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thanks for watching everybody, and have a great holiday weekend. we leave you with more music from dawes. >> this is "a little bit of everything." ♪ ♪ with his back against the san francisco traffic on the bridges side that faces toward the jail ♪ ♪ setting out to join a demographic he hoists his first leg up over the rail ♪ ♪ and a phone call's made and police cars show up quickly and the sergeant slams his
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passenger door ♪ ♪ he says hey son, why don't you talk through this with me just tell me what you're doing it for ♪ ♪ oh it's a little bit of everything it's the mountains it's the fog ♪ ♪ it's the news at 6:00 it's the death of my my first dog ♪ ♪ it's the angels up above me it's the song that they don't sing ♪ ♪ it's a little bit of everything ♪ ♪ there's an older man who stands in a buffet line ♪ ♪ he is smiling and holding out his plate ♪
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♪ and the further that he looks back into his timeline ♪ ♪ that hard road always had led him to today ♪ ♪ he's making up for when his bright future had left him ♪ ♪ he's making up for the fact that his only son is gone ♪ ♪ and letting everything out at once, his server asks him ♪ ♪ excuse me sir, have you figured out yet what it is you want ♪ ♪ i think i'll have a little bit of everything the biscuits and the beans ♪ ♪ whatever helps me to forget about these things that brought
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me to my knees ♪ ♪ so pile on those mashed potatoes and how about an extra chicken wing ♪ ♪ 'cause i'm having a little bit of everything ♪ ♪ somewhere a pretty girl is writing invitations to a for a wedding that she has scheduled in the fall snoits herman walks in and says baby can i make just one quick observation ♪ ♪ you don't seem to be having any fun at all ♪ ♪ she says well you can just worry about your groomsmen and your shirt size ♪ ♪ and rest assured that this is making me feel good ♪
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♪ and good morning everyone, i'm todd quinones, the philadelphia county fair gets up and running again on the bejamin franklin parkway today. there are carnival games friendly farm animals and yes even a ferris wheel. of course, there is also plenty of great food there. the fair runs through sunday. now, the eyewitness weather forecast, meteorologist, carol erickson, on the cbs-3 skydeck. carol? >> head to the fair. head to the paw's put strut. do anything you can even though it is raining out here today. let's look outside, you can see, we do have the rain showers, some of them are getting heavier and we're going to be finds that trends, until this afternoon when a lot of this should be moving out. you can see the general direction that it is goingment so let's enjoy that.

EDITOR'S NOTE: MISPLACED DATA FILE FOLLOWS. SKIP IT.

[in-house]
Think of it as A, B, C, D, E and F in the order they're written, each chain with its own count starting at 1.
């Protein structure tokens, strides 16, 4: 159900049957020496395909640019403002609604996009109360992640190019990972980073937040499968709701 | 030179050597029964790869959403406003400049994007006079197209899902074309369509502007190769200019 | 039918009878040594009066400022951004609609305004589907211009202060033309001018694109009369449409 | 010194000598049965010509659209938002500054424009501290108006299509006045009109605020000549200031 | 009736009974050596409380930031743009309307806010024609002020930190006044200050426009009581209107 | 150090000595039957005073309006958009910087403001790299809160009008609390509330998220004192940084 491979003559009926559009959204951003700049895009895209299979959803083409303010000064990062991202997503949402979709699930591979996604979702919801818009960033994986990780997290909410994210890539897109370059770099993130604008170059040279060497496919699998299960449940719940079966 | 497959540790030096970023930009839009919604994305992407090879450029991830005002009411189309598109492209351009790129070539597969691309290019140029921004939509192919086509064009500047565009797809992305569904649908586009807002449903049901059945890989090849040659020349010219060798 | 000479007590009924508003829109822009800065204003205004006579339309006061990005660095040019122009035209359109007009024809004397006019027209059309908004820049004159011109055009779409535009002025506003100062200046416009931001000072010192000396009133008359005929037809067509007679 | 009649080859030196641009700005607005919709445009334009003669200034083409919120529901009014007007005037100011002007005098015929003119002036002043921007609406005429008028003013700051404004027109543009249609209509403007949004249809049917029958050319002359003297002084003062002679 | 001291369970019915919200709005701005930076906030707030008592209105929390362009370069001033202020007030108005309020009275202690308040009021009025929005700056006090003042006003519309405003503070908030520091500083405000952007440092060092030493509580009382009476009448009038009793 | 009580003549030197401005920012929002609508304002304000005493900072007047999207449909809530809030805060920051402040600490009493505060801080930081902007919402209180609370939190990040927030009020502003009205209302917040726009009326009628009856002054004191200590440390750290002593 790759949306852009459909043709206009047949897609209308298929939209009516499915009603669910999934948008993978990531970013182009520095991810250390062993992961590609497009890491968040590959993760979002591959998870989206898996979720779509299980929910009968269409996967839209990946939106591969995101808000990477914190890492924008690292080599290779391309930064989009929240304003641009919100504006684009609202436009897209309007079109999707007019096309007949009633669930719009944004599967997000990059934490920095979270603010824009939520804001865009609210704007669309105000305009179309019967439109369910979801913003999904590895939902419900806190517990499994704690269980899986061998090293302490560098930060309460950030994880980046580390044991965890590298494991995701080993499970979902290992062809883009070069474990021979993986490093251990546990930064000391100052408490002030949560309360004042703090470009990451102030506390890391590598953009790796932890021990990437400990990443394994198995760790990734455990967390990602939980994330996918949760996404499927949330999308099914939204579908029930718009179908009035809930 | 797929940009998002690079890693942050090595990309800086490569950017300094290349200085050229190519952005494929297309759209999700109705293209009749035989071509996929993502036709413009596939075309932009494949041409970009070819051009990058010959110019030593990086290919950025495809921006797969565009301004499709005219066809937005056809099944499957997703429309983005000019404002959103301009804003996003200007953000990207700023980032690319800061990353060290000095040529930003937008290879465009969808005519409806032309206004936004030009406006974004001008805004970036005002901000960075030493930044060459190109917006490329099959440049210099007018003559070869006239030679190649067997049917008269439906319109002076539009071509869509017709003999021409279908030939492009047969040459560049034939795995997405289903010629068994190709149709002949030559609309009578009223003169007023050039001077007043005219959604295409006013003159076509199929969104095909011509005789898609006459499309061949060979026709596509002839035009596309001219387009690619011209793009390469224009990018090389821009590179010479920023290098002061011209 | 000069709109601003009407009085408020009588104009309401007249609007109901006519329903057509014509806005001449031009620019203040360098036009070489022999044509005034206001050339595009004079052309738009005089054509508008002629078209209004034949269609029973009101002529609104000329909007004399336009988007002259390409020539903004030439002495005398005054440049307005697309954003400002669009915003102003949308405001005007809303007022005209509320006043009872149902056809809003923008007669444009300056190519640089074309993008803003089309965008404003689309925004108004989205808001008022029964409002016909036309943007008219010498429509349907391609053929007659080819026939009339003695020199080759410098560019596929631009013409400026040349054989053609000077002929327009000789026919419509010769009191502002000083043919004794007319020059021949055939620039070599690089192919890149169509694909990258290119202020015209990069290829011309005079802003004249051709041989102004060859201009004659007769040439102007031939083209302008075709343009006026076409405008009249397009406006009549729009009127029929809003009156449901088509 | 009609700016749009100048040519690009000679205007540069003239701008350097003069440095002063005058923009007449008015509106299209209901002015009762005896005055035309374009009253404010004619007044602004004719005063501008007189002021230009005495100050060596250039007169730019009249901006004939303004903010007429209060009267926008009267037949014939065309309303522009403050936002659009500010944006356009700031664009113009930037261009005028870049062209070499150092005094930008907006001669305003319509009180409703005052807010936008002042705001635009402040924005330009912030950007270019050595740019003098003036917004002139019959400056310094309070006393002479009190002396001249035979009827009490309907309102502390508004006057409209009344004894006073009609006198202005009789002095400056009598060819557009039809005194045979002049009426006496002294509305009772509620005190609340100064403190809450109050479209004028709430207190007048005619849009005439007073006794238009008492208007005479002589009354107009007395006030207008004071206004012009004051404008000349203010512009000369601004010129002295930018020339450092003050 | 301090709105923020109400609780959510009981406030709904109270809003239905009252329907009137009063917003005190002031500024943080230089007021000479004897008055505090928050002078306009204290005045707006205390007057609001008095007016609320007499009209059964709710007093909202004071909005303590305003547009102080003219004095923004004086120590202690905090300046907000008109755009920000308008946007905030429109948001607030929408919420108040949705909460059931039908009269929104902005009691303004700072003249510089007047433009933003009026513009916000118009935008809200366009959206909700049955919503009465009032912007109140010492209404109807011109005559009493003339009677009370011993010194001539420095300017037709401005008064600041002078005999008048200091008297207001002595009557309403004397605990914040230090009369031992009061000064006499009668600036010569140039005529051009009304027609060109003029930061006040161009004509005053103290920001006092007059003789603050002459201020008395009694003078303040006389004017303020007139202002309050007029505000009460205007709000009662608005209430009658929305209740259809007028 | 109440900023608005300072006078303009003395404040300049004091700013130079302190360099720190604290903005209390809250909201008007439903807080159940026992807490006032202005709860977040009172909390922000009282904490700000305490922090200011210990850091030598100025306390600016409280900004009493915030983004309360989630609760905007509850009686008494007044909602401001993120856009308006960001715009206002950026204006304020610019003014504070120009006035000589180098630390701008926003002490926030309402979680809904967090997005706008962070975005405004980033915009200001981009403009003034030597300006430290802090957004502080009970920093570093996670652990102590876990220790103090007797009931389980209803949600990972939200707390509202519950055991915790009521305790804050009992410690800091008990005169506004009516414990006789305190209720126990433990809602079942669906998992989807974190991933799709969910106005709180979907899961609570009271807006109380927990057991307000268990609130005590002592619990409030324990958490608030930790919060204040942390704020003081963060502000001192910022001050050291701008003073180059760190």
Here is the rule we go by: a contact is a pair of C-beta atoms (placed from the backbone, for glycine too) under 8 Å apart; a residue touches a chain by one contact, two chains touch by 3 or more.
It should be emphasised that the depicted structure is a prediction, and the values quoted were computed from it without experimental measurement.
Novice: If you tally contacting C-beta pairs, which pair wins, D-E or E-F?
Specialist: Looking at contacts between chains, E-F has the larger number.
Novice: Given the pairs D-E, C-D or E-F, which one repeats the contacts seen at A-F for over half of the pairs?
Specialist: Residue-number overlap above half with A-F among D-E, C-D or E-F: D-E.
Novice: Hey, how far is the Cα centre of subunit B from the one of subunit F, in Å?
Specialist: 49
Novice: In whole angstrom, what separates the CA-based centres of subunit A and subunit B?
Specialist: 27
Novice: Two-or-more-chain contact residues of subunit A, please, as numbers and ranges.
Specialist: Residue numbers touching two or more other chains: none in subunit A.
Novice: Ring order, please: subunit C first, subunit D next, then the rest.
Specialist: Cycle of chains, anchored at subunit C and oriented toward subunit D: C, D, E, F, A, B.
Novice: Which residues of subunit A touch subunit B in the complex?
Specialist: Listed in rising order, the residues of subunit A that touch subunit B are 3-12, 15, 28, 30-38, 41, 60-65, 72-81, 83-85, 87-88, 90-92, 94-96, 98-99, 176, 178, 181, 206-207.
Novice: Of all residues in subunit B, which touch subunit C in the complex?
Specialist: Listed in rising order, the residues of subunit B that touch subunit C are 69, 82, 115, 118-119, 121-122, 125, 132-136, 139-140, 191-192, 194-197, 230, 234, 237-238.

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53 degrees, going to be our temperature right now. we're going to be on our way to temperatures that will be climbing up. we should be finding temperatures that will be getting all the way to 61 today with better afternoon than we have morning. so again much of this is this morning, and the first part of the afternoon then better. sunshine tomorrow, 64 degrees, monday, 70 degrees clouds, and maybe a shower. todd? >> carol, thank you. that's for "eyewitness news" this morning. but you can always follow us on our website at i'm todd quinones, have a great day everyone.
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announcer: when you see this symbol you know you're watching a show that's educational and informational. the cbs dream team& it's epic. narrator: today on lucky dog... brandon: hi, are you a senior? narrator: ...a doberman mix in her golden years gets a golden opportunity. nikki: i want to adopt a senior dog because i work with a dog rescue and i just see how many senior dogs get overlooked. narrator: but... brandon: what are you doing up there? narrator: ...can cora shed a lifetime of bad habits... brandon: she is a terrible jumper. narrator: make room for new talents? brandon: i'm brandon mcmillan, and i've dedicated my life to saving the lonely, unwanted dogs that are living without hope. my mission is to make sure these amazing animals find a purpose a family, and a place to